Environmental factors affecting the start of pollen season and concentrations of airborne Alnus pollen in two localities of Galicia (NW Spain).
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Department of Plant Biology and Soil Sciences, Sciences Faculty of Ourense, University of Vigo, Ourense, Spain
Department of Plant Biology, Faculty of Pharmacy, University of Santiago de Compostela, Santiago de Compostela, Spain
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Francisco Javier Rodriguez-Rajo   

Dr. F. Javier Rodriguez Rajo, University of Vigo, Sciences Faculty of Ourense,Department of Plant Biology and Soil Sciences, Ourense 32004, Spain
Ann Agric Environ Med. 2004;11(1):35-44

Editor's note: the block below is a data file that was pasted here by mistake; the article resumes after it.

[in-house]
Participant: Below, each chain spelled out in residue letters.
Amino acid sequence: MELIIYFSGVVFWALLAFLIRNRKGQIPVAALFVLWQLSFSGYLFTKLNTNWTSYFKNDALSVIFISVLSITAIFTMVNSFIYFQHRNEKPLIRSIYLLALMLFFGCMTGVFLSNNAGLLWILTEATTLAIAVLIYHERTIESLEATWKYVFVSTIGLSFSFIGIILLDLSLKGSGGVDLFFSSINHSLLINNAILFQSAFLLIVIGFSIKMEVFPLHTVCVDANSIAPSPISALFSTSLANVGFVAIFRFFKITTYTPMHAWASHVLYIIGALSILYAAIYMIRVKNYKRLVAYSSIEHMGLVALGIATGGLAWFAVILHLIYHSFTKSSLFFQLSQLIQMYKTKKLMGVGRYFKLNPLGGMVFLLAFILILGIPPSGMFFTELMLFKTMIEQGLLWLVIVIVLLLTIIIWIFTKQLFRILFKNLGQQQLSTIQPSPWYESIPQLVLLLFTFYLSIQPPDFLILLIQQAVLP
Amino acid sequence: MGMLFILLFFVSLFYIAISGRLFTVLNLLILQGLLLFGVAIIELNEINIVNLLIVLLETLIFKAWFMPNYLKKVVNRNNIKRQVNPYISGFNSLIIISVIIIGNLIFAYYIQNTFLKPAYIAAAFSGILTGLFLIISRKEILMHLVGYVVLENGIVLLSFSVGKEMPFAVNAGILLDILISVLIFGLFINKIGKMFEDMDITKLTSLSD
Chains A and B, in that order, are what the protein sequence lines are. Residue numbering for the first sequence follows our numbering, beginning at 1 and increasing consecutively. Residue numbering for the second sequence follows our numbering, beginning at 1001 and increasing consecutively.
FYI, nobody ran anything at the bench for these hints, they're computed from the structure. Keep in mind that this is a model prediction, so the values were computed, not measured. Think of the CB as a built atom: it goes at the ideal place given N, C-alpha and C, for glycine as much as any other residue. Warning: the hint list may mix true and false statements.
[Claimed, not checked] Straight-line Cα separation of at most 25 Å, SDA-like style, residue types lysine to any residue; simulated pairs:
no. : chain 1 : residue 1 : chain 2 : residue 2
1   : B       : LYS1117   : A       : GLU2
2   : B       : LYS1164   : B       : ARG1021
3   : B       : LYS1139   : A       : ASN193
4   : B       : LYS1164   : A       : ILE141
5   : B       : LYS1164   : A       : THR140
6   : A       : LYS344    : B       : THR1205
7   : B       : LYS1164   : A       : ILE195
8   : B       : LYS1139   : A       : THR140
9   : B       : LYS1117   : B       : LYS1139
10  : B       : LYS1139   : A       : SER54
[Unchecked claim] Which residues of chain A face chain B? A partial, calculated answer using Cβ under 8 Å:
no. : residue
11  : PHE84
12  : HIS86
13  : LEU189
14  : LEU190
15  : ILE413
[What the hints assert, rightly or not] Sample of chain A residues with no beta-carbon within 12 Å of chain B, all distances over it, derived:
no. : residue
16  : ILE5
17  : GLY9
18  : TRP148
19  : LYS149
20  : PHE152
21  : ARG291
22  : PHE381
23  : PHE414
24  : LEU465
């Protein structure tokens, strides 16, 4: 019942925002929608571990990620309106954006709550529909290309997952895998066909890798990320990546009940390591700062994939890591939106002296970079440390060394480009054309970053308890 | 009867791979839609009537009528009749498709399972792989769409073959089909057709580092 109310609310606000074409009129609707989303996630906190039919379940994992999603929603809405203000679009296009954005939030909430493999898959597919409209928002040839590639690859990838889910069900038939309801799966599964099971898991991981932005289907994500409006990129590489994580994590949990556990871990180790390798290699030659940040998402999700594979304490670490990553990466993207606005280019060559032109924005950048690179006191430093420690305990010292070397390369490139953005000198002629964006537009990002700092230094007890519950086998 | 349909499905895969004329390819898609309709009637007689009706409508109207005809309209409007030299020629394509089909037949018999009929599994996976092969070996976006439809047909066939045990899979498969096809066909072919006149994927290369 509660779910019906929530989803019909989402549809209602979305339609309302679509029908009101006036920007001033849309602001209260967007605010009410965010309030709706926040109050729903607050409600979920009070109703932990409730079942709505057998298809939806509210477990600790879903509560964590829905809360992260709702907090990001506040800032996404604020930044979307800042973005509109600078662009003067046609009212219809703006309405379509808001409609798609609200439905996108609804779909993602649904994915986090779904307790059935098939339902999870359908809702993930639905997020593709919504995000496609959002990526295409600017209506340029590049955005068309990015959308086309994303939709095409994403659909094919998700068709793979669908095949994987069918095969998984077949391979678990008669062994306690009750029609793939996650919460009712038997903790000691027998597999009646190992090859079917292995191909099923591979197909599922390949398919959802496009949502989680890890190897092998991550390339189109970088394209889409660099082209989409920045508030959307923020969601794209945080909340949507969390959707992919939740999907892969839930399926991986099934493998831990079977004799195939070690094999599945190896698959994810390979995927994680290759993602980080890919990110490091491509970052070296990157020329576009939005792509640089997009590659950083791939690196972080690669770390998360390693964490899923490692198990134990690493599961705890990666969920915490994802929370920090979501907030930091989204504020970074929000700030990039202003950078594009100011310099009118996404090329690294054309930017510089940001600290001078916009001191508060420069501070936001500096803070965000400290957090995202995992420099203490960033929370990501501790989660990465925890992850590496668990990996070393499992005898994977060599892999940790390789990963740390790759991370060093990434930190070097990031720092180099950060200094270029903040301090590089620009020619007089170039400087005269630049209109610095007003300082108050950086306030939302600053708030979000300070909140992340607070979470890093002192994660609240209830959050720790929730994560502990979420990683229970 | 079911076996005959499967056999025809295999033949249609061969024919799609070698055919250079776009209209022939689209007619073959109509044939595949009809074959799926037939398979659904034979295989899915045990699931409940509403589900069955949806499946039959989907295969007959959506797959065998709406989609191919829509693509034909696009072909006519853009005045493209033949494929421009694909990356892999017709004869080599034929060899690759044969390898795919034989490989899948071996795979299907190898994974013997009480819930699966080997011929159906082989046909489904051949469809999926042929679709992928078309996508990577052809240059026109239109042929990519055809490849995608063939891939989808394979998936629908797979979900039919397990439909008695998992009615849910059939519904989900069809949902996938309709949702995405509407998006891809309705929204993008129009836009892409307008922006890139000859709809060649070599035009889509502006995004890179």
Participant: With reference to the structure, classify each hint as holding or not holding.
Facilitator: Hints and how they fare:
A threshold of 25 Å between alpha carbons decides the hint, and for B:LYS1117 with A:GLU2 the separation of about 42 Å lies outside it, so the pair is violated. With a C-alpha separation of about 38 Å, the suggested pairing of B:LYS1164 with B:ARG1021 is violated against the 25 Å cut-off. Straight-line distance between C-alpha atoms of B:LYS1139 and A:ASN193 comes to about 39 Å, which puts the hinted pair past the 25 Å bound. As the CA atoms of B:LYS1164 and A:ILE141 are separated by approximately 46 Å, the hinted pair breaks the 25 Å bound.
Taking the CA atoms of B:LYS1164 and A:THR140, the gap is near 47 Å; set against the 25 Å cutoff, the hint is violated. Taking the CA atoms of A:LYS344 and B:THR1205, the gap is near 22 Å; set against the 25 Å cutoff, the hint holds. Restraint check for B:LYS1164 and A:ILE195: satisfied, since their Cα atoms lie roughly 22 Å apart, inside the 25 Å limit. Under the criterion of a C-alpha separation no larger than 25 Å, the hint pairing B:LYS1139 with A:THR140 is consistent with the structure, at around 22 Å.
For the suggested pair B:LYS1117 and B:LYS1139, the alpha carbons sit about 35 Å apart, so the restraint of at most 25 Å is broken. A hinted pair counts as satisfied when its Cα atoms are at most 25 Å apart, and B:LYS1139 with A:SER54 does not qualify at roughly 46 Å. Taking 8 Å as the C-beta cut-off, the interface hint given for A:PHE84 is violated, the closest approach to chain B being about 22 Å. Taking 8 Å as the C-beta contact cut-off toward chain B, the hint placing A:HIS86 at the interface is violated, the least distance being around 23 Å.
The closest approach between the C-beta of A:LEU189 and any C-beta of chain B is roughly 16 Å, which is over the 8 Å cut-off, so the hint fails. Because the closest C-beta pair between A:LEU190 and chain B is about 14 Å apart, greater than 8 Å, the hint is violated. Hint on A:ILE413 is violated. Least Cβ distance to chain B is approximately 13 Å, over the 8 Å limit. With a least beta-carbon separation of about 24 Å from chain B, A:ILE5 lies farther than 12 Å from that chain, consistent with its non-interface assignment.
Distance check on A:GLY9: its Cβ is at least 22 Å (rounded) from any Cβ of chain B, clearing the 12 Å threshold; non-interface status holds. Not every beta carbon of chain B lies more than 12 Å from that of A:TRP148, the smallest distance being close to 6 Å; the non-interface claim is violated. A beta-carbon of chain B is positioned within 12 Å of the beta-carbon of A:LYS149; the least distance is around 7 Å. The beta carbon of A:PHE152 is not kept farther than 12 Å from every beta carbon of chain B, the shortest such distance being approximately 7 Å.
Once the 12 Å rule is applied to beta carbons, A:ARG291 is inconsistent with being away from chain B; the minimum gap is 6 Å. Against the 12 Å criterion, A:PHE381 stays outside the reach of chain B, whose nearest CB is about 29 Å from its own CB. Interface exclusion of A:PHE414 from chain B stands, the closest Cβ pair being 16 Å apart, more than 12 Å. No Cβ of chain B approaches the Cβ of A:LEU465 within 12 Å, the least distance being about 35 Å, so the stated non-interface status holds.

Alnus pollen is an early component of the annual atmospheric aerosol ofthe north-west regions of Spain, which causes the first occurrence of allergic symptoms. Seasonal and intra-daily variation of Alnus pollination, and the influence that main meteorological parameters exert,was studied in this paper. Monitoring was carried out from 1993-2002, by using two Lanzoni VPPS 2000volumetric samplers. Once the atmospheric behaviour of this pollen had been identified, the final objective was to elaborate predictive models to determine the onset of the Alnus pollen season and its concentrations during the pollination period in two localities of north-west Spain (Santiago and Ourense). Winter chilling required to overcome the bud-dormancy period was similar in both cities, with around 800 Chilling Hours(C.H.) and 5.5 degrees C threshold temperature. Calculation of heat requirement for bud growth was carried out with maximum temperature, with around 50 Growth Degree Days (G.D.D. degrees C) needed, with 6 degrees C threshold temperature. Data from 2002 were used in order to determine the real validity of the models. This year was not taken into account to establish the aforementioned models. The variation between the predicted start of the pollen season and the observed season was smallest in Ourense. Verifying the proposed models for predicting daily mean concentrations of Alnus pollen during the pollen season shows that the predicted curves fits the observed variations of daily mean concentrations.
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